Live oaks, laurel oaks, magnolias, American holly, sparkleberry, and cabbage palms may be what come to mind in an oak maritime forest, but microhabitats host diverse and often surprising species. St. Catherines Island also has areas where pignut hickory dominates a high spot with scattered populations of bluff oak that are adjacent to pockets of red maples and sweetgums marking moist depressions.
wind-pruning_oak Magnolia Grandiflora  Pignut Hickory

Large amounts of discarded shells from Indian sites over centuries of deposition have created pockets of a distinctive soil throughout the island and its marsh hammocks that support a suite of shell loving plants. Deposits of shell not only sweeten the highly acidic soils typical of the Southern Coastal Plain, but also increase the moisture-holding capacity of the soil. Some of the plants growing on shell sites may need more basic soil, while others respond to the extra moisture. William Bartram remarked on the impact of shell deposits on the soil of the barrier islands in his book Travels Through North and South Carolina, Georgia, East and West Florida.

“This admirable beauty of the sea-coast-islands dwells in the humid shady groves, where the soil is made fertile and mellow by the admixture of sea shells.”
William Bartram (1773)

Plants Associated with Shell Deposits on St. Catherines Island

Angle pod (Gonolobus suberosus)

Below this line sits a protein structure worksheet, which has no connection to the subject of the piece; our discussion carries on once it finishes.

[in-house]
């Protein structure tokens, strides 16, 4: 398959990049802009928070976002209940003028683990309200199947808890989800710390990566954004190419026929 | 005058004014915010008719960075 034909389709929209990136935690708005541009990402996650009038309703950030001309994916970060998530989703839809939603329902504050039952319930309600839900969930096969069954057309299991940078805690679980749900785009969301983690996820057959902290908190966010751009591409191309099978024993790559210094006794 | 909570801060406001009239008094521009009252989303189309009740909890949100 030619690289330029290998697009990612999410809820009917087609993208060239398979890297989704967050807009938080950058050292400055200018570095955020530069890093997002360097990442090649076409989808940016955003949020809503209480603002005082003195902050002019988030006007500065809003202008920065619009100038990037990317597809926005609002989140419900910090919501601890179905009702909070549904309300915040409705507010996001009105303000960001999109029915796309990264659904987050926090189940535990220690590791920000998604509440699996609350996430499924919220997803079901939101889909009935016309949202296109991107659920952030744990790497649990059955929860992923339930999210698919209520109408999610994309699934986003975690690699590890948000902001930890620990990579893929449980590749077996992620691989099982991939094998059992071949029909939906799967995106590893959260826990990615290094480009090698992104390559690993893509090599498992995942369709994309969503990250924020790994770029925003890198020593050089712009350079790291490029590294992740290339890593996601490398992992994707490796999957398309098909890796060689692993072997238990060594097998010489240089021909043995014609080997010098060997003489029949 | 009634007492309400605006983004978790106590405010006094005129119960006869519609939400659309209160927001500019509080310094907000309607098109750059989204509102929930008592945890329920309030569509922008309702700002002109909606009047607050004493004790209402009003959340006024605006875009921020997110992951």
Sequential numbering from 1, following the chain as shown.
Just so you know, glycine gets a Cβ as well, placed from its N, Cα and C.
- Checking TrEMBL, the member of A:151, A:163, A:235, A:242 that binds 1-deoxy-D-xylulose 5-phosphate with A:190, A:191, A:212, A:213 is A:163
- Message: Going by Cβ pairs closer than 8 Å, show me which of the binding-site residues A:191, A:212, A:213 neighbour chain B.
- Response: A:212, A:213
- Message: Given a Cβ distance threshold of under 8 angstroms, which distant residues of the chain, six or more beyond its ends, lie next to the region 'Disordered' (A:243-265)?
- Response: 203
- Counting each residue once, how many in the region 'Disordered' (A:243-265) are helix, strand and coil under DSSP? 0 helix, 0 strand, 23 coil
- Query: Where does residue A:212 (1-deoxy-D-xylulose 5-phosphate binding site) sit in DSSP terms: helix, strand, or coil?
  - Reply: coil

Carolina basswood (Tilia americana L. var. caroliniana)
Carolina laurelcherry (Prunus caroliniana)
Dwarf palmetto (Sabal minor)
Florida soapberry (Sapindus saponaria)
Florida swamp-privet (Forestiera segregata)
Four-angled flatsedge (Cyperus tetragonus)
Green dragon (Arisaema dracontium)
Hercules club (Zanthoxylum clava-herculis)
Red buckeye (Aesculus pavia)
Red mulberry (Morus rubra)
Southern red cedar (Juniperus virginiana L. var. silicicola)
Sugarberry (Celtis laevigata)
Spanish bayonet (Yucca aloifolia )
Tough-leaf dogwood (Cornus asperifolia)
Yaupon holly (Ilex vomitoria)
Yellow passionflower (Passiflora lute)


Bartram, William, Travels Through North and South Carolina, Georgia, East and West Florida, Facsimile of 1792 London Edition, The Beehive Press, Savannah, Georgia 1973

Porcher, Richard Dwight and Douglas Alan Rayner, A Guide to the Wildflowers of South Carolina, University of South Carolina Press 2001

Edwards, Leslie, Jonathan Ambrose, L. Katherine Kirkman, The Natural Communities of Georgia, The University of Georgia Press 2013

Alan S. Weakley, Flora of the Southern and Mid-Atlantic States, UNC Herbarium, North Carolina Botanical Garden, University of North Carolina at Chapel Hill 2012